“Each day mankind and the claims of mankind slipped farther from him. Deep in the forest a call was sounding, and as often as he heard this call, mysteriously thrilling and luring, he felt compelled to turn his back upon the fire, and to plunge into the forest…” (London 33). With statements such as this, Jack London’s Call of the Wild epitomizes the inner urging of freedom and control that come from embracing nature and abandoning societal ideals. Depicting the innate call Buck has to abandon mankind, Jack London shows Buck’s revelation that causes him to reject modern society in place of living freely with the Alaskan world of nature. Buck submits to his primordial desire and calling to the wilderness in Alaska rather than reverting to living as a domesticated dog in the hands of a human owner. Learning to adapt and embrace nature and the wild proved to be Buck’s true call to freedom and happiness for himself. Like Buck, Chris McCandless, the nonconformist depicted in Into the Wild, also found a calling in nature and learned to adapt to living alone within the confines of the wilderness, believing happiness arises from living simply. Contrary to Buck, who was initially forced into this decision, Chris made the choice on his own to reject authority figures and modern society, motivated by both his resentment for his father and his lack of freedom in everyday settings. In Into the Wild, John Krakauer illustrates how Chris McCandless’ relationship with his controlling father led him to resent and condemn authoritative figures later in his life.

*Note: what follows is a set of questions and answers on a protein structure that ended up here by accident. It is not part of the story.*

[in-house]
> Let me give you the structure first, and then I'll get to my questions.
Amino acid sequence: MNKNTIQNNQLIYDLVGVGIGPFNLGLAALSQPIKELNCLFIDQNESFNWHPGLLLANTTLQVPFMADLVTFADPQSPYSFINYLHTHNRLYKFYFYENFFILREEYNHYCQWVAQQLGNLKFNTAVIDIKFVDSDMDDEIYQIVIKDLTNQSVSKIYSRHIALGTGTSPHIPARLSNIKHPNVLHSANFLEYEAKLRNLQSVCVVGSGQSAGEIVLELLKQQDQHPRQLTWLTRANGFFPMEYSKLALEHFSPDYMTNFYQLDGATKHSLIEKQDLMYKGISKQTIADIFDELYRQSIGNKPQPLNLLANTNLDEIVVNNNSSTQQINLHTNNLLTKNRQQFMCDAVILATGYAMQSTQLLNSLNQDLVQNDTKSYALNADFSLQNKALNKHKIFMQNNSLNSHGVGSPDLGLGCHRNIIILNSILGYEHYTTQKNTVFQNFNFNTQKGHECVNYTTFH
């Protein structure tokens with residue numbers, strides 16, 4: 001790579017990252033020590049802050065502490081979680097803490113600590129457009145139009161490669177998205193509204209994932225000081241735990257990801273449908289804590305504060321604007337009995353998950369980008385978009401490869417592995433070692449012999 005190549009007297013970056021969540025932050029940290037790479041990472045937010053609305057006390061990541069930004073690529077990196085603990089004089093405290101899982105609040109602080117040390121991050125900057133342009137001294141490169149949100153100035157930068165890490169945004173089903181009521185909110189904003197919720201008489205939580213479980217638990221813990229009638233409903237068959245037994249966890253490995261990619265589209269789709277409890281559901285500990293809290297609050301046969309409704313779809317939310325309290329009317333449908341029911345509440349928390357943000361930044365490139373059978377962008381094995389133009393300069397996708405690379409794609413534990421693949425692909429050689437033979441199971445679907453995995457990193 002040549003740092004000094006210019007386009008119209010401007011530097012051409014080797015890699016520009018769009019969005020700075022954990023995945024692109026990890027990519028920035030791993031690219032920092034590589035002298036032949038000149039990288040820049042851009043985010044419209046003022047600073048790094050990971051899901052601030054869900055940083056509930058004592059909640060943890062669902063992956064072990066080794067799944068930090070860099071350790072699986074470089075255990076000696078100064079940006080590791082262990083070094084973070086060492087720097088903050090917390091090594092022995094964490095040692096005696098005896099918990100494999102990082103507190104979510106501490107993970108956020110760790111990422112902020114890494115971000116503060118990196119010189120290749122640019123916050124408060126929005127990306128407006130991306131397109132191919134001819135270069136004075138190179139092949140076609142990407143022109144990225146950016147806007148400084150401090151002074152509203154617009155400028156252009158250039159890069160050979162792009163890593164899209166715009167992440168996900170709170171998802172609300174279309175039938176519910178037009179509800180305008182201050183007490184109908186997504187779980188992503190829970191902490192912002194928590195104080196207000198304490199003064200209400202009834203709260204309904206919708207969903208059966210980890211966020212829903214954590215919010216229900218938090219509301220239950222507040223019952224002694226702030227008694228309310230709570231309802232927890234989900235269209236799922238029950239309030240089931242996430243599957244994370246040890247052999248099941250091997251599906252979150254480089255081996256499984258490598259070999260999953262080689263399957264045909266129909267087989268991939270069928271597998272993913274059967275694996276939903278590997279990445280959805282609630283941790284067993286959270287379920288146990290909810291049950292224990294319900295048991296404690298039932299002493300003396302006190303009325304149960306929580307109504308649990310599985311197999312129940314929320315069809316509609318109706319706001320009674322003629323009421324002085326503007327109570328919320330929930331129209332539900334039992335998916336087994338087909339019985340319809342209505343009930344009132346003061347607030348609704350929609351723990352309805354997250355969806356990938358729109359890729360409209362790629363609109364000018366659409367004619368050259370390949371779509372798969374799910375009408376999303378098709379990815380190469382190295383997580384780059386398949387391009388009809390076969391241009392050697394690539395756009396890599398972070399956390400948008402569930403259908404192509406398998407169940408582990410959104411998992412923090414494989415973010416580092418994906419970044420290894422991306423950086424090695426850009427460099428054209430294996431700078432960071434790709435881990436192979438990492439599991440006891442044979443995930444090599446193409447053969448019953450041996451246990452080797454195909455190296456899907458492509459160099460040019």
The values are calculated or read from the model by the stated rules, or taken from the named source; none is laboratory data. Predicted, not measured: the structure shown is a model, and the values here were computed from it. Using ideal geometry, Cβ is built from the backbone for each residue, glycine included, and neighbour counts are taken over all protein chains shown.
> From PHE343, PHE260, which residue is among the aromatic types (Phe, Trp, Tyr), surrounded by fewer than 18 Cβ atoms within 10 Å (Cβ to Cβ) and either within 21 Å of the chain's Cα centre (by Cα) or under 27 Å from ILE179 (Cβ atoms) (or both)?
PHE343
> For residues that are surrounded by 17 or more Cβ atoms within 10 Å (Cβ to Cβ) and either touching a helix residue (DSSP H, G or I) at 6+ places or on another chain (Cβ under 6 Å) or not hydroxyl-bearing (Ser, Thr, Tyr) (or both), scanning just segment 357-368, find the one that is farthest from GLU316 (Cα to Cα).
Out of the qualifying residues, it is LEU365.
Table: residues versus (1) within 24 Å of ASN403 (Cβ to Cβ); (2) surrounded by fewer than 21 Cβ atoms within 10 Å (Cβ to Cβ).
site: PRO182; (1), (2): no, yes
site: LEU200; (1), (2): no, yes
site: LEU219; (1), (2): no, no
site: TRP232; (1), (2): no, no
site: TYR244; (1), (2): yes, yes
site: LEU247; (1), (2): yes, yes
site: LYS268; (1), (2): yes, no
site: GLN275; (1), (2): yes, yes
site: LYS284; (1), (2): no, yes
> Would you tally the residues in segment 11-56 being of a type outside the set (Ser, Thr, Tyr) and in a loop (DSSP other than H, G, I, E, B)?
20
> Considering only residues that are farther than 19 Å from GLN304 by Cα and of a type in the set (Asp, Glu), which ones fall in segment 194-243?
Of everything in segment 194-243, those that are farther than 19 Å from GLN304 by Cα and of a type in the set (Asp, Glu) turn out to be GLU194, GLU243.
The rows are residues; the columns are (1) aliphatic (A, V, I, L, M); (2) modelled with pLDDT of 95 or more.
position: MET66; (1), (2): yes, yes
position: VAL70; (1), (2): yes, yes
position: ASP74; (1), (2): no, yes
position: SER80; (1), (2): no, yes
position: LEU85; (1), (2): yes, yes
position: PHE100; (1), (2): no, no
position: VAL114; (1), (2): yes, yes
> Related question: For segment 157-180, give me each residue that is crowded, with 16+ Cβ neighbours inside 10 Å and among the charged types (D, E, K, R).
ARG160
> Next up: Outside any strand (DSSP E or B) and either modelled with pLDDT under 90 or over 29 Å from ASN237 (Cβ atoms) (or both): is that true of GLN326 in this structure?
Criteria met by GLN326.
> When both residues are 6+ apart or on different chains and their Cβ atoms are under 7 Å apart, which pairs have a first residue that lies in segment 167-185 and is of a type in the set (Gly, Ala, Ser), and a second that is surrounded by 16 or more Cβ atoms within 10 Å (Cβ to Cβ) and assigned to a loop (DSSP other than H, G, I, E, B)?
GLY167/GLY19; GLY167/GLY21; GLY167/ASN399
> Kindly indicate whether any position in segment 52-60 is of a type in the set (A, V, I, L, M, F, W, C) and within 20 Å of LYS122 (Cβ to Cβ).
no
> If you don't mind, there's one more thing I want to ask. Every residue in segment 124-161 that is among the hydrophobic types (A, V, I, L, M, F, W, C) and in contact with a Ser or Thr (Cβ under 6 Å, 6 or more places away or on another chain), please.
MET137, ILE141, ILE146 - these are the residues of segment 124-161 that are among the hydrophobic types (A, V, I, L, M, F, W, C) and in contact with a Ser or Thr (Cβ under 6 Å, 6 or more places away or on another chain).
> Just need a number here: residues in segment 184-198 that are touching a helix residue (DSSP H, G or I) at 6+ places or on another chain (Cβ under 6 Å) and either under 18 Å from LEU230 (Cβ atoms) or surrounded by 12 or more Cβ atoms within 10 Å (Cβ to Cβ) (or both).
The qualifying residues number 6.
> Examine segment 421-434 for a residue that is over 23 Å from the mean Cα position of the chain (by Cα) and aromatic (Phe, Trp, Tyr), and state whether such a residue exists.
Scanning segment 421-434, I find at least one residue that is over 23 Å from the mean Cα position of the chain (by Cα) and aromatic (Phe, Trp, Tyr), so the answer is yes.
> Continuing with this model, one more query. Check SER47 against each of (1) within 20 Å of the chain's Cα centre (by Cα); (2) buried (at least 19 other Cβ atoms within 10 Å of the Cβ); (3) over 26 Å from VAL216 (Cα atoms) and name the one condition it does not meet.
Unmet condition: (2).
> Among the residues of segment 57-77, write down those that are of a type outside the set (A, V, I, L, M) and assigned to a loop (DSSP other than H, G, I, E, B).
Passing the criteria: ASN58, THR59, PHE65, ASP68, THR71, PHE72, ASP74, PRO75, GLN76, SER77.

In his childhood, Chris often felt suppressed and enraged due to the authority of his father; in fact, Chris visibly showed signs of annoyance and anger with his father, often bitterly submitting to his father’s demands. While hiking a mountain together, Walt dictated that Chris stop after a certain while, “but Chris wanted to keep going to the top. I told him no way. He was only twelve then, so all he could do was complain” (Krakauer, 109). Walt’s assertiveness deeply contrasted the innate free-spiritedness of Chris, as Krakauer shows with this example. Krakauer exhibits to the reader that this was one of many experiences in Chris’ childhood in which Chris’ requests to his father were met with harsh refusals and restrictions, leading Chris to complain and eventually suffer silently. Domineering and assertive, Walt presented constant rejections to Chris’s requests that led Chris to learn how to cope with not having any control, further leading Chris to suppress his visible rage: “Chris submitted to Walt’s authority through high school and college to a surprising degree, but the boy raged inwardly all the while” (Krakauer, 64). Krakauer offers this statement to show how Chris later allowed himself to be controlled, visibly showing no signs of resistance to his father’s domineering persona. While showing no apparent signs, Chris possessed a deep contempt and deep-rooted grudge against his father, psychologically alienating him from Walt while also leading him to condemn similar forms of authority. After Chris’s childhood morphed into adulthood, he began to find more reasons to resent his father, not just for his controlling persona, but now his for moral character as well: “After Chris unearthed the particulars of Walt’s divorce, two years passed before his anger began to leak to the surface, but leak it eventually did. The boy could not pardon the mistakes his father had made as a young man” (Krakauer, 122). His already firm animosity towards his father only hardened once he found another reason to condemn Walt. Due to this, Chris not only had contempt for his father’s authoritativeness but also zero respect for his father as well, eventually losing respect altogether for authoritative figures.